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Renmatix And Cargill Snap Up Biobased Assets

Sweet Deals: Purchases of Mascoma facility and OPX Biotechnologies’ engineered microbes accelerate buyers’ plans to make chemicals, fuels from sugar

by Melody M. Bomgardner
May 6, 2015 | APPEARED IN VOLUME 93, ISSUE 19

As two pioneer biobased fuel and chemical firms wind down, their assets and capabilities are getting another life under new owners. Cellulosic sugar start-up Renmatix has bought a processing facility in Rome, N.Y., from biofuels firm Mascoma, and agribusiness giant Cargill has purchased the microbial engineering platform of biobased chemicals developer OPX Biotechnologies.

Credit: Renmatix
A view inside Renmatix’s new facility in Rome, N.Y.
Credit: Renmatix
A view inside Renmatix’s new facility in Rome, N.Y.

Renmatix will use the Rome facility, which was designed to pretreat wood chips using steam, to speed up development of its system for making sugar from biomass. It’s equipment that Renmatix would otherwise have had to build itself, explains Chief Executive Officer Mike Hamilton. The company has hired 12 full-time staffers from the local area to run the plant.

Credit: Renmatix
The plant in Rome, N.Y., that Renmatix acquired from Mascoma.
Credit: Renmatix
The plant in Rome, N.Y., that Renmatix acquired from Mascoma.

Renmatix plans to ship processed solids, which include C5 sugars from hemicellulose plus cellulose and lignin components, to its facility in Kennesaw, Ga. That’s where a second stage of processing will extract C6 sugars from the wood’s cellulose using supercritical water.

Hamilton says the facility will help the firm demonstrate that its sugar production process yields a cost-competitive raw material for fuels and chemicals even with today’s low oil and gas prices. Then, he says, partners including energy company Total, chemical maker BASF, and forest products firm UPM will license the technology to build their own biorefineries.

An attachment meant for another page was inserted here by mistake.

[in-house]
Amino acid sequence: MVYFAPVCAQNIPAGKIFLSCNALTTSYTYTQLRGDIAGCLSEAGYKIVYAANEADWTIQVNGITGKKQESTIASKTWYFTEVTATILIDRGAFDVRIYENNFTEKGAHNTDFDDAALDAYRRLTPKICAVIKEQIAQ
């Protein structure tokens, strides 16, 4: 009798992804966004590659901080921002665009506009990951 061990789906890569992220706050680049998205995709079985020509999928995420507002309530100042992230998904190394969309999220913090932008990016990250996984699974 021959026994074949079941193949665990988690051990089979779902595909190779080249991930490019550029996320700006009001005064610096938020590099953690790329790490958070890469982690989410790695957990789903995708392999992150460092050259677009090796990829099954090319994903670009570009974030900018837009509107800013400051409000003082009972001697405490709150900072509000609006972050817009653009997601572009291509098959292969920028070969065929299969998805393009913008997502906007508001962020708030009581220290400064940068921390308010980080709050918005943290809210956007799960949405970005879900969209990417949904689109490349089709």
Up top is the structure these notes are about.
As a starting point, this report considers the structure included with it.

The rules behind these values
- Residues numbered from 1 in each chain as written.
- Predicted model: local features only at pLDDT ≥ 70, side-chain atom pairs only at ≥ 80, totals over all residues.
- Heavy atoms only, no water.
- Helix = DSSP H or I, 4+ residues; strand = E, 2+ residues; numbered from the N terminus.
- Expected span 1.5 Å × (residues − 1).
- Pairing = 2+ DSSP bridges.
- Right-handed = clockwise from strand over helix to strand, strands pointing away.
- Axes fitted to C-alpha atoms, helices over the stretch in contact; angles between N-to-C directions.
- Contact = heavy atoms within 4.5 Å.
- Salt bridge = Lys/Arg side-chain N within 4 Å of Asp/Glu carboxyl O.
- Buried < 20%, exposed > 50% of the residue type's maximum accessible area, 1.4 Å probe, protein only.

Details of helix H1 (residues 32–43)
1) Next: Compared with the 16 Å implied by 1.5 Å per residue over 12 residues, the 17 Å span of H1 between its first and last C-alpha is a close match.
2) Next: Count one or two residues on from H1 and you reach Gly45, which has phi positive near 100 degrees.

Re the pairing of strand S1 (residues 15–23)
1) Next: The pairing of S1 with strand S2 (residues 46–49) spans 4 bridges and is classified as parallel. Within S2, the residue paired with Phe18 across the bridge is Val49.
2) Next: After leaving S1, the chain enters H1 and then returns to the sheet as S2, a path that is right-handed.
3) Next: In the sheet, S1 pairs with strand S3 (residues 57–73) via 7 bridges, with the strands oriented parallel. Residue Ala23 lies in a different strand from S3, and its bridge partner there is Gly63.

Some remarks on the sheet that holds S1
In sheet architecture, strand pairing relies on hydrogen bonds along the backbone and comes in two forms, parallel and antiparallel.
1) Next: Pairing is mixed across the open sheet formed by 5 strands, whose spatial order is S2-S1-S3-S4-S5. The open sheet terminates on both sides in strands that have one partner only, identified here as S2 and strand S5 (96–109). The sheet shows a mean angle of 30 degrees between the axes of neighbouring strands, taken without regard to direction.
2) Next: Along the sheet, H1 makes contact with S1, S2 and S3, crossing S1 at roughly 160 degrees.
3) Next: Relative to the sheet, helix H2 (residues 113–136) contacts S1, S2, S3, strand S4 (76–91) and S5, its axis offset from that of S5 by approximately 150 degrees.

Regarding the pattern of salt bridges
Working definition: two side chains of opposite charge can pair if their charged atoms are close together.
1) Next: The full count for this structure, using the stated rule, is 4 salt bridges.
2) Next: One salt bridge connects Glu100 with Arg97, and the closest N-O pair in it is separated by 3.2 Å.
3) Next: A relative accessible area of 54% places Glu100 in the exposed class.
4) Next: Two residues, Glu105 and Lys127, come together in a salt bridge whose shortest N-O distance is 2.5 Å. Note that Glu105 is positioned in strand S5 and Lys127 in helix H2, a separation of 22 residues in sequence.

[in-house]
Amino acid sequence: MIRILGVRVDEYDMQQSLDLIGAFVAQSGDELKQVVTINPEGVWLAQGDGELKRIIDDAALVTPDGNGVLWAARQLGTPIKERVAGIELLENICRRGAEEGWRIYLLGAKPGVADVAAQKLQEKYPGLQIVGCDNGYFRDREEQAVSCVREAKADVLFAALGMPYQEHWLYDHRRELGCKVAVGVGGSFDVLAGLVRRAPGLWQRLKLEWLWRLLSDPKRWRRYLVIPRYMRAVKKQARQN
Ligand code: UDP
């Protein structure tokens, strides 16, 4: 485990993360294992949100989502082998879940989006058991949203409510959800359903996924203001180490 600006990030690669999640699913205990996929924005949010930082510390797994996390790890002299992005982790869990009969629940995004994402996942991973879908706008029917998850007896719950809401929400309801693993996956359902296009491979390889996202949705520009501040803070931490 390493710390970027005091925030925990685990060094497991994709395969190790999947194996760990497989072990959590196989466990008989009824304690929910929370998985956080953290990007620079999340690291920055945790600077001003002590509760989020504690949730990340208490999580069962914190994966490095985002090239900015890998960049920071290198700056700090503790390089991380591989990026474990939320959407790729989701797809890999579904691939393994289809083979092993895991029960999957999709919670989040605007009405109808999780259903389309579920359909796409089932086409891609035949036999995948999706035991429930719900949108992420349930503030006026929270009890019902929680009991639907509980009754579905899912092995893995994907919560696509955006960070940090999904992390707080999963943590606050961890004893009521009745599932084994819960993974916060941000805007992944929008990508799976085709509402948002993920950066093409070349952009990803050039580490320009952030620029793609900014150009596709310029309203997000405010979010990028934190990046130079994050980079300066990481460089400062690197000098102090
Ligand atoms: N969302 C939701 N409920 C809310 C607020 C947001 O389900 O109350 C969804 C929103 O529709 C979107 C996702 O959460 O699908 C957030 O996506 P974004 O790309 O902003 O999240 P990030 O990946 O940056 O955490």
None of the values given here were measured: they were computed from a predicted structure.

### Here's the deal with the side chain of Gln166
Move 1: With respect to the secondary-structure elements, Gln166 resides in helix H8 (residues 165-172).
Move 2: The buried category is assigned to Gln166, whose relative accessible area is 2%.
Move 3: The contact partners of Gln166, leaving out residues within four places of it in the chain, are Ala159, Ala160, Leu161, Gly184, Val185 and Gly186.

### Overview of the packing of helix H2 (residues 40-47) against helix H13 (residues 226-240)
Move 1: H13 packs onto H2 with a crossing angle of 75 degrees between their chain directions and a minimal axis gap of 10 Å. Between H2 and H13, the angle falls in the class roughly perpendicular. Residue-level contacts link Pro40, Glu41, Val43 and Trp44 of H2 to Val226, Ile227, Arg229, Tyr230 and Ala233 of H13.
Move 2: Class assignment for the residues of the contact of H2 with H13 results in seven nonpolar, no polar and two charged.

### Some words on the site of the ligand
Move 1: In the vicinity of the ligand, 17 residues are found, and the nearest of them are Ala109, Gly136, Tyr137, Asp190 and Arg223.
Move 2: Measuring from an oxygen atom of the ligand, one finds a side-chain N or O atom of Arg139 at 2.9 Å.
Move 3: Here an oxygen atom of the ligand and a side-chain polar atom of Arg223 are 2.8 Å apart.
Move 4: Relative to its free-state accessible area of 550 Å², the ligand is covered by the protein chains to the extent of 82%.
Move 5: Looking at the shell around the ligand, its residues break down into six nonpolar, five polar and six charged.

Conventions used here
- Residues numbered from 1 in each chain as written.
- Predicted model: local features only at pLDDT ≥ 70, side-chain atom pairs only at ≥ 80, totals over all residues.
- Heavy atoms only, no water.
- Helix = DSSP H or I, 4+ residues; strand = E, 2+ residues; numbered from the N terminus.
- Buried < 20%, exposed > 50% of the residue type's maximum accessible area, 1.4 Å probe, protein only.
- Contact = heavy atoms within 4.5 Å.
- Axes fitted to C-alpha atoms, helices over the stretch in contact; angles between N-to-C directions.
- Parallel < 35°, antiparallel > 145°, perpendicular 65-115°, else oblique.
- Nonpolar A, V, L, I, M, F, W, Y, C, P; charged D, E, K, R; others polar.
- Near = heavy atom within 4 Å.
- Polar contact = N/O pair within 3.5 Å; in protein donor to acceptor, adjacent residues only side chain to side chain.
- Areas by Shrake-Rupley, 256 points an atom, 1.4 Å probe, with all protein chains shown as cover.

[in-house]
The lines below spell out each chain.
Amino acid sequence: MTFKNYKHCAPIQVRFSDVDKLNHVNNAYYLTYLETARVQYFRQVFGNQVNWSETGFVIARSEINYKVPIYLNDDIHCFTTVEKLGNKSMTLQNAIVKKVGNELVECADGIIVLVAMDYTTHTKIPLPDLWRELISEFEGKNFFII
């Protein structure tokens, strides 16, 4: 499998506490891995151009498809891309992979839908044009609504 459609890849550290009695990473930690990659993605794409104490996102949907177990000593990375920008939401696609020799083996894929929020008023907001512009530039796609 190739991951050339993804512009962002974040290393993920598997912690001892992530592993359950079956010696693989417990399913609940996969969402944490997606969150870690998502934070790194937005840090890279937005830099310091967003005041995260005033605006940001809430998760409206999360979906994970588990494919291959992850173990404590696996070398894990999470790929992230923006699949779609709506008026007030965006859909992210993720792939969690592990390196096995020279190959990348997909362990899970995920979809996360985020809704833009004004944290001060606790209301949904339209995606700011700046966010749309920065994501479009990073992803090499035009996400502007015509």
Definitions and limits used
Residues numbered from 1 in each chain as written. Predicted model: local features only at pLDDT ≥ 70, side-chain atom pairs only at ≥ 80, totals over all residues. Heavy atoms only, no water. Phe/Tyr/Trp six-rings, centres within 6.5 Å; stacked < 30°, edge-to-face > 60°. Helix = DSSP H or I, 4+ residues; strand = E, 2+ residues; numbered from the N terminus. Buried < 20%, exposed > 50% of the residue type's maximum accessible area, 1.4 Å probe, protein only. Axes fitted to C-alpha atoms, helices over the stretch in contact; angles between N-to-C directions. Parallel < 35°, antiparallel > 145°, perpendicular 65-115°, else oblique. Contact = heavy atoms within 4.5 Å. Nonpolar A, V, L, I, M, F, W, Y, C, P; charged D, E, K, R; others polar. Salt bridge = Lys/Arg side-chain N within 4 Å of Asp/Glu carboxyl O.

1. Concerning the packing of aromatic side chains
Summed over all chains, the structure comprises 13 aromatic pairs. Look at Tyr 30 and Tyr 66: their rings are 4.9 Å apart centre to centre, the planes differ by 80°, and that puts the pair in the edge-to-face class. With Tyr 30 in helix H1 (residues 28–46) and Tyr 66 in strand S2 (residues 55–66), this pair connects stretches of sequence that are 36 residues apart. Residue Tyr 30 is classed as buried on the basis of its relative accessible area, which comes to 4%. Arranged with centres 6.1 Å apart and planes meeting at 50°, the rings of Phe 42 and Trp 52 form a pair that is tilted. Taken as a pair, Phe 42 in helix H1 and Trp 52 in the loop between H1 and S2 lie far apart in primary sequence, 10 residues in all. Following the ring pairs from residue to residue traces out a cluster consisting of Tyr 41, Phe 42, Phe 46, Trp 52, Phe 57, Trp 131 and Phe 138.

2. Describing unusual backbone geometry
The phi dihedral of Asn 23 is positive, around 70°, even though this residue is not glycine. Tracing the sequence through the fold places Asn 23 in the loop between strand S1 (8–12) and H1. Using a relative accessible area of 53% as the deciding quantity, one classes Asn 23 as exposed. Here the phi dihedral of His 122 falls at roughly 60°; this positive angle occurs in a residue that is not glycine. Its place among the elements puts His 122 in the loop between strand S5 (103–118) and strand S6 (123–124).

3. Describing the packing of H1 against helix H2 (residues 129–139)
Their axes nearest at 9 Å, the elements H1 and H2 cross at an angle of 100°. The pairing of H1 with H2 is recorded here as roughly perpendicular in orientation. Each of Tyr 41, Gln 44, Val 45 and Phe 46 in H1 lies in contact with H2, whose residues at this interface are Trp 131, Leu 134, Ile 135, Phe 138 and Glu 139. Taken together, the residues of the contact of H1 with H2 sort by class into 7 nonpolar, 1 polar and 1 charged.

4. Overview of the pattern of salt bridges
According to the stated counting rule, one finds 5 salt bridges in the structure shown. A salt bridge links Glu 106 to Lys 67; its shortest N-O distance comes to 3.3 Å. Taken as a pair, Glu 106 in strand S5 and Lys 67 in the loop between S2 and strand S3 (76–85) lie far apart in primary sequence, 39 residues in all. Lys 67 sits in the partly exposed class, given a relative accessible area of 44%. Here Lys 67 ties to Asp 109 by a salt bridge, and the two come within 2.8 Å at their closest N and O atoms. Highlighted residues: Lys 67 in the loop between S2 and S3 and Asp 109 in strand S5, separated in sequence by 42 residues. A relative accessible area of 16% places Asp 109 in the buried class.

Mascoma started life with ambitions to create yeast that could ferment biomass into ethanol. In 2011, it made plans with Valero Energy to build a commercial ethanol facility, but Valero pulled out two years later. Mascoma then turned to selling its modified yeast to the corn ethanol industry. Last year, the yeast operation was sold to its partner in that business, Canada’s Lallemand.

Cargill, meanwhile, will boost its biobased products business with its acquisition of OPX Bio’s engineered microbes. Cargill is in a partnership with Novozymes to make biobased acrylic acid and plans to use the OPX Bio platform to make chemicals for end markets such as lubricants, detergents, and plastics. In recent years, OPX Bio worked with partners including Dow Chemical and Evonik Industries on biobased routes to acrylic acid and other chemicals. After the sale to Cargill, it will wind down.



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